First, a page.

The late Queen Elizabeth’s steps of reconciliation were recreated 10 years on by the parishioners of both St Marcartin’s and St Michael’s Church in a special service last Sunday.
Back in June 2012, the Queen visited the St Marcartan’s Church of Ireland Cathedral in Enniskillen as part of her Diamond Jubilee celebrations.
The Queen then crossed the street to enter the Roman Catholic church of St Michael’s – the first time she had stepped into a Catholic church on the island of Ireland.
Those steps were seen as a giant leap towards the reconciliation of the two faiths. Sunday’s service was to mark not only that occasion 10 years ago but as a tribute to the Queen who passed away recently.
Rev Kenneth Hall, St Marcartan’s Church said: “It was more than a pedestrian crossing the road when she crossed that street. Without a word, Her Majesty made a connection for all to see.
“Her actions enabled us to feel more powerfully that we were one people under God and one people together – a community of faith.”
Following the service at St Marcartan’s, the congregation made for St Michael’s while singing the hymn, “Lead Me Lord” during their procession between the two churches.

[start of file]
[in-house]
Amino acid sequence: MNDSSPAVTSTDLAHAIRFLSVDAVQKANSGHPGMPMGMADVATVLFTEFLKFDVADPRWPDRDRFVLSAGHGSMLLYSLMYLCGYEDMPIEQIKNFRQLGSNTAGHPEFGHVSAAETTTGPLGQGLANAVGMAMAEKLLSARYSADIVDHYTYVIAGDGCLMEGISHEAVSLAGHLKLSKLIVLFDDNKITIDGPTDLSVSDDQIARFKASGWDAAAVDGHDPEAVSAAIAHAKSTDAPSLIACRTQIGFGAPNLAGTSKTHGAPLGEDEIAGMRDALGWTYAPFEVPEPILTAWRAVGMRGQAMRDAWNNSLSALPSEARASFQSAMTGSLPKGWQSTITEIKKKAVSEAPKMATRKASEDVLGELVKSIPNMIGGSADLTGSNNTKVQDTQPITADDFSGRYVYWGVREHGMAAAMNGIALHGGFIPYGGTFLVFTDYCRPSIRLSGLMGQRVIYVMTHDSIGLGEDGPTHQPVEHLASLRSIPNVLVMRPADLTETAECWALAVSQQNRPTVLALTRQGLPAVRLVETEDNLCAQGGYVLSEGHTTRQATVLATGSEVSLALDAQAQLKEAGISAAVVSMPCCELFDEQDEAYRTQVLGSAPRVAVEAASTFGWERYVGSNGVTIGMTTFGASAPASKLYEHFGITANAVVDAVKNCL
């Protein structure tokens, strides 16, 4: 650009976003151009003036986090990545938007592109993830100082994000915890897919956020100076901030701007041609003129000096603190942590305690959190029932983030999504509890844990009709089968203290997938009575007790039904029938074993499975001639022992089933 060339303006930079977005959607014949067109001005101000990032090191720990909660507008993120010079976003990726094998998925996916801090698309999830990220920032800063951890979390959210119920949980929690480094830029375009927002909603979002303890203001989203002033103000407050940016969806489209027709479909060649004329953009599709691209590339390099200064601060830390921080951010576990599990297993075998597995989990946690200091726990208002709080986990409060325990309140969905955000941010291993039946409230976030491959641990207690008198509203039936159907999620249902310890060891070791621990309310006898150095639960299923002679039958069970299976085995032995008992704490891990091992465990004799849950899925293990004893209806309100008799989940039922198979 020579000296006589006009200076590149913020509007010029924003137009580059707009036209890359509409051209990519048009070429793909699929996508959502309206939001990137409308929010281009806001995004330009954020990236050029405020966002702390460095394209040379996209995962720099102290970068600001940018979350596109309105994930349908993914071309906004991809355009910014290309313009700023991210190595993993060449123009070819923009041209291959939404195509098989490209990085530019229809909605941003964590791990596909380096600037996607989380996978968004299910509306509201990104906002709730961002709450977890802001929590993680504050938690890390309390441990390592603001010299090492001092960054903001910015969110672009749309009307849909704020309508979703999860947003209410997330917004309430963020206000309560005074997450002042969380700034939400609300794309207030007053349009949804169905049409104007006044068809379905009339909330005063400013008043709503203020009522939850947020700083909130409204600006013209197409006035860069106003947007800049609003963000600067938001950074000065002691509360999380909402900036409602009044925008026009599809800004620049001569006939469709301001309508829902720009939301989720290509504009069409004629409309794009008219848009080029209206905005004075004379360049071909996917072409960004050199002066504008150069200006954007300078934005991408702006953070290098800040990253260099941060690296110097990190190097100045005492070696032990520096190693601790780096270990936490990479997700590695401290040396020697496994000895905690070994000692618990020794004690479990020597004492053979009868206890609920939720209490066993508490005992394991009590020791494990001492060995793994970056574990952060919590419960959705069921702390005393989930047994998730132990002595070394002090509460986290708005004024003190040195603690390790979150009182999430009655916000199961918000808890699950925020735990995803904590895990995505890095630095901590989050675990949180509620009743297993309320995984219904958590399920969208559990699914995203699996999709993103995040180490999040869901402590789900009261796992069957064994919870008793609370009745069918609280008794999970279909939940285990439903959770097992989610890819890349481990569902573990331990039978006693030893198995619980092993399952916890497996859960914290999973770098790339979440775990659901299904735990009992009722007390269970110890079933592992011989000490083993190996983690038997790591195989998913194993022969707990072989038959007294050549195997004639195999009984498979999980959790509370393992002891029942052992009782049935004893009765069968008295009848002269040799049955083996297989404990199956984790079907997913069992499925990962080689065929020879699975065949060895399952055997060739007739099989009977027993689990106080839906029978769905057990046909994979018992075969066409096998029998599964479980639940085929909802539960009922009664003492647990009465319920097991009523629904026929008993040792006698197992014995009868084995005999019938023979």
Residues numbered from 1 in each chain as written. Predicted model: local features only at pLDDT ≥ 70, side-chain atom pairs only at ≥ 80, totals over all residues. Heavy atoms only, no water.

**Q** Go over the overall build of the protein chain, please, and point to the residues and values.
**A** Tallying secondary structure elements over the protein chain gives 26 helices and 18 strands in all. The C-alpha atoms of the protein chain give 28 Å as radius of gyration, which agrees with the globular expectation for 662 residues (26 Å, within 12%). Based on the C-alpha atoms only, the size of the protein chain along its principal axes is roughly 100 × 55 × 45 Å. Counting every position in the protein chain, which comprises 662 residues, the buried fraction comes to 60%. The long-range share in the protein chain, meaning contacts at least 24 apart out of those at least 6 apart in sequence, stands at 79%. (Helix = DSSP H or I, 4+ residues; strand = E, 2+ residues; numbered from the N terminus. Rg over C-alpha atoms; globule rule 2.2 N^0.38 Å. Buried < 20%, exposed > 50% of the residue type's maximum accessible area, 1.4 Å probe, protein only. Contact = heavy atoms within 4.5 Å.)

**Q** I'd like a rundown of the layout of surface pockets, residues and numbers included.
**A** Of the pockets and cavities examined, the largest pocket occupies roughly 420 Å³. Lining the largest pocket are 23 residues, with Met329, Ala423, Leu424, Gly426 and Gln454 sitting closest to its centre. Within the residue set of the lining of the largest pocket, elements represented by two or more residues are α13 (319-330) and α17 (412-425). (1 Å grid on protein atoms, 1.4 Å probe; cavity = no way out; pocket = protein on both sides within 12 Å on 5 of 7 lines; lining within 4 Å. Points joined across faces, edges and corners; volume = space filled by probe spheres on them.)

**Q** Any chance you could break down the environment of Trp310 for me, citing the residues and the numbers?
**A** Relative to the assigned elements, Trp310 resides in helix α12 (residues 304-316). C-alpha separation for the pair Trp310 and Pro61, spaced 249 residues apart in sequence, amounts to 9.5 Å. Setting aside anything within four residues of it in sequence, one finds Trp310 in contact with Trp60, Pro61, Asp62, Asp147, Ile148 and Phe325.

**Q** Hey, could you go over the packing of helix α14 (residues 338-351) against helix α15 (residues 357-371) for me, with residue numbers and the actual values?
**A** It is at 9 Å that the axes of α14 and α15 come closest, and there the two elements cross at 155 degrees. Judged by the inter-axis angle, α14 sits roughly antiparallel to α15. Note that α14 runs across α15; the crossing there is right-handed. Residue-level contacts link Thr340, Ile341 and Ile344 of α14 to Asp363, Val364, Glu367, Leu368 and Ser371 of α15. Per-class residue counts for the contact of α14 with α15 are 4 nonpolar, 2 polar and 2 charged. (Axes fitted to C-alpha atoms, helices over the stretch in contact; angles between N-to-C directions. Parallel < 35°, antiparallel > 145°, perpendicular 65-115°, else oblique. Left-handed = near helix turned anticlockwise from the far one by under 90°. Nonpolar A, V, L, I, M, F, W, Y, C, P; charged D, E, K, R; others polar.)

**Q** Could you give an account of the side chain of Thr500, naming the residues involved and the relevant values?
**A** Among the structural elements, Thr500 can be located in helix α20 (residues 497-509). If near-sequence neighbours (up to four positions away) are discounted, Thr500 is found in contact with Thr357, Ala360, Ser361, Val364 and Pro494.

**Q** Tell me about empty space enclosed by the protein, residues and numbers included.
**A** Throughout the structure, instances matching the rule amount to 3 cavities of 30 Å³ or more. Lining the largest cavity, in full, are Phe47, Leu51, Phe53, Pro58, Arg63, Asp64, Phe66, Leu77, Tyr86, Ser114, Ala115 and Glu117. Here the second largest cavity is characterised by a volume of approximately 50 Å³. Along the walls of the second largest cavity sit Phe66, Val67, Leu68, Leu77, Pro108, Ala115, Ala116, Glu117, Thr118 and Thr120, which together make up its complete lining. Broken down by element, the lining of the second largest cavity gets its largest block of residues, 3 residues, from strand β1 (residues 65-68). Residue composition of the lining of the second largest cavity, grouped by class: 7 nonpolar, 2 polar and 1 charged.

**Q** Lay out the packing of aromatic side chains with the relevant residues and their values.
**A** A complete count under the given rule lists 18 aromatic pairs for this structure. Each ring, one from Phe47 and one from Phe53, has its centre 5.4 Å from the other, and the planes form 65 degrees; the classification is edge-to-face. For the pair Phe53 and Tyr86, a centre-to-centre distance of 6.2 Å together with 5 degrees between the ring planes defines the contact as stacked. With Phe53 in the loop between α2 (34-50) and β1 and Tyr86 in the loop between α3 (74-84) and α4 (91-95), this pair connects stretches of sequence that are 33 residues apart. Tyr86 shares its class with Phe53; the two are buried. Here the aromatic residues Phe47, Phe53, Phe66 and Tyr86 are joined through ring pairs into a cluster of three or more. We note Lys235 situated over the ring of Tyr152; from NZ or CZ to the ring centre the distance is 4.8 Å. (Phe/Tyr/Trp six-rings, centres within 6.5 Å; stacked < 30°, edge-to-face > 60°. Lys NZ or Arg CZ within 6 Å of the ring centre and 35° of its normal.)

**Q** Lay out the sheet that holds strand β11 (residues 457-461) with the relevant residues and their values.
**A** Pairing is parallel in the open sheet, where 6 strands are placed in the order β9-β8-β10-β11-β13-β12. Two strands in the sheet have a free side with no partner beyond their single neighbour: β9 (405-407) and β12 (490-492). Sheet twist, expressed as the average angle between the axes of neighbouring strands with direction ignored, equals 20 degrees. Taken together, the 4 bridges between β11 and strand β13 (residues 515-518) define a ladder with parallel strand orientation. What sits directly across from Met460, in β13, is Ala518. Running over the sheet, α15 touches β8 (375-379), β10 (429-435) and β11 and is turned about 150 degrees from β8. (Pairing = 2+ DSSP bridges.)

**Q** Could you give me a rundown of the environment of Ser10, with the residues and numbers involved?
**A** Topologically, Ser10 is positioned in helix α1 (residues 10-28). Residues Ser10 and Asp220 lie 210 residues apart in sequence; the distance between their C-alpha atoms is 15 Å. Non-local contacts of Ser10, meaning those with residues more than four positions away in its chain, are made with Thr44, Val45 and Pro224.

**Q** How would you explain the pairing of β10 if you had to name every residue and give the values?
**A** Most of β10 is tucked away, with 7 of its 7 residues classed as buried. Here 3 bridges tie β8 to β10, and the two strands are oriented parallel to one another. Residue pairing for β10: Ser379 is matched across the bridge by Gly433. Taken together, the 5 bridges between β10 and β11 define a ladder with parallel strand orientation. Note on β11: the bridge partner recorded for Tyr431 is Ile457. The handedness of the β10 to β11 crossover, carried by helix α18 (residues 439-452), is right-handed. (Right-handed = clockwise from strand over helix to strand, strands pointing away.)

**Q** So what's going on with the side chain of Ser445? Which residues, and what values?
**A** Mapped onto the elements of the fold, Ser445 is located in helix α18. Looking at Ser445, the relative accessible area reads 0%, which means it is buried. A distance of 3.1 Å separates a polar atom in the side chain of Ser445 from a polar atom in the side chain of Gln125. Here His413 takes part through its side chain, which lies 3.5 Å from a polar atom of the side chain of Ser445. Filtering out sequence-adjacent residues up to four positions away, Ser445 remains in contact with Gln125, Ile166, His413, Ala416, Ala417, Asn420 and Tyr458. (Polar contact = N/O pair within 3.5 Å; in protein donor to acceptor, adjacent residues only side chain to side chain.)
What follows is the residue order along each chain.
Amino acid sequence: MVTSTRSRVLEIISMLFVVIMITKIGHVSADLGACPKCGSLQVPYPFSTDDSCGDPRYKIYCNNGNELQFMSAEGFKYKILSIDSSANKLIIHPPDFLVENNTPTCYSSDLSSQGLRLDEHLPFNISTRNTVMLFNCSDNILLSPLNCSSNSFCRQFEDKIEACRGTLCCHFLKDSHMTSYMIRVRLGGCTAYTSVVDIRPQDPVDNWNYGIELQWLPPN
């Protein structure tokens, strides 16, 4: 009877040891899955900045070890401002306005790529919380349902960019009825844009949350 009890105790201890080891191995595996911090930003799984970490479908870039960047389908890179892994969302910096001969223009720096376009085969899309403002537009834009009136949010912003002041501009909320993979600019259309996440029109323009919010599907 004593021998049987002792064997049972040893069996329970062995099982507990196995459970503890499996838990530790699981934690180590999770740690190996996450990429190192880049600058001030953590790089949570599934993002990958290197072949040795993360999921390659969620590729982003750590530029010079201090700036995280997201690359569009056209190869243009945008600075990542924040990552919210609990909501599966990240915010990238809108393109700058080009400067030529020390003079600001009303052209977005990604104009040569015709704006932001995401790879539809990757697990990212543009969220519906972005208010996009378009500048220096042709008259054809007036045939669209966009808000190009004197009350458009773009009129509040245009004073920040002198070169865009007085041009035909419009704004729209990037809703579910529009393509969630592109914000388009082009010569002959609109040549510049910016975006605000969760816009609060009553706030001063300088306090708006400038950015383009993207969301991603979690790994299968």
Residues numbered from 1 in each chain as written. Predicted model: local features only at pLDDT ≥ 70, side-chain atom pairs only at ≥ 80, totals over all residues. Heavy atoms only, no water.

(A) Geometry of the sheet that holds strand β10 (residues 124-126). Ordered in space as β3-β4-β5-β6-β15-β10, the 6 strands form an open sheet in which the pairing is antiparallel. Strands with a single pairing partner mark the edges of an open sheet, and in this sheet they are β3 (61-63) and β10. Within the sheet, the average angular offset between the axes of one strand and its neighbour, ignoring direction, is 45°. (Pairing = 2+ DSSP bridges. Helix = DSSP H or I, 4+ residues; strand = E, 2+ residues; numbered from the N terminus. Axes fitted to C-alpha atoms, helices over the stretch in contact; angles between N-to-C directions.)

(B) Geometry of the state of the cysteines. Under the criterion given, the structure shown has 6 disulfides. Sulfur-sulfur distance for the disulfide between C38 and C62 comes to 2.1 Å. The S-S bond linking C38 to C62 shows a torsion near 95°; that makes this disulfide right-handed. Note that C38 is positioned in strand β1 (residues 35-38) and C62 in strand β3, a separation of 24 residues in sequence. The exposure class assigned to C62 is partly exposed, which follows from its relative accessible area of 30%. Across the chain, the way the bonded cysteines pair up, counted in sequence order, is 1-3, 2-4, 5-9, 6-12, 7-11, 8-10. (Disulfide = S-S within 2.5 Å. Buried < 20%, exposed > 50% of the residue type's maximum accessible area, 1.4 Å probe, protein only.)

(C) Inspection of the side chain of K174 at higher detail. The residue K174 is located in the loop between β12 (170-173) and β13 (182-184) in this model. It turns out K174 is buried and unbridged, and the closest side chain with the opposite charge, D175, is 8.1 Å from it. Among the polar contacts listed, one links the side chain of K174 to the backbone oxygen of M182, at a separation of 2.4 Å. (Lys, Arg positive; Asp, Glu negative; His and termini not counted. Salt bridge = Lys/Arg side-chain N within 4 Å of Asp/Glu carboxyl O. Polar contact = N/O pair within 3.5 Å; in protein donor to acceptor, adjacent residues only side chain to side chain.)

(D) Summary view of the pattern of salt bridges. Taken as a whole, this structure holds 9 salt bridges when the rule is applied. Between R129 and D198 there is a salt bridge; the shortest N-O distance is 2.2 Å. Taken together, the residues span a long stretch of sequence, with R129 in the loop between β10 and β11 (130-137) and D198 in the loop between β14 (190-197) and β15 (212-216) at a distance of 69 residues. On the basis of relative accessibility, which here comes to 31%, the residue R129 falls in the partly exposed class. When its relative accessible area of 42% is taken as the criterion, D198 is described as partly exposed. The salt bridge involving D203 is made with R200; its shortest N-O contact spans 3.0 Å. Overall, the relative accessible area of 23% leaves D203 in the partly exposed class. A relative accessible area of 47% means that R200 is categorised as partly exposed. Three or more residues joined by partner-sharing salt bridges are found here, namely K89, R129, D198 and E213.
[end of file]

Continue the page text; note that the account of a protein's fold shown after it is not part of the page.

Once inside St. Michael’s Church, Monsignor Peter O’Reilly said the work to break down barriers would continue.
He said: “By walking the walk and talking the talk, we will be smoothing a path and signposting the future.
“Such intentions – and such actions – have been part of life in these parts for years and years.
“Even with the legacy of abysmal devastation, with that folk have always wanted a future where our children can be all at home.”
Leading Irish historian, Dr Eamon Phoenix revealed that the original schedule for the Queen that day in 2012 was for her to visit St Marcartan’s only and she made an impromptu decision to walk the few yards across the street to visit St Michael’s.
He said: “I was there that day covering it for the BBC in June 2012. No one expected that gesture. It was an example of a monarch straining the bounds of her role to deliver that meaningful gesture.
“You were aware in the moment that given the fractured history of this land, given the things that have happened in Fermanagh with partition, the violence of the Troubles and the Enniskillen bombing, people knew that this was very replete with meaning when she did that.”
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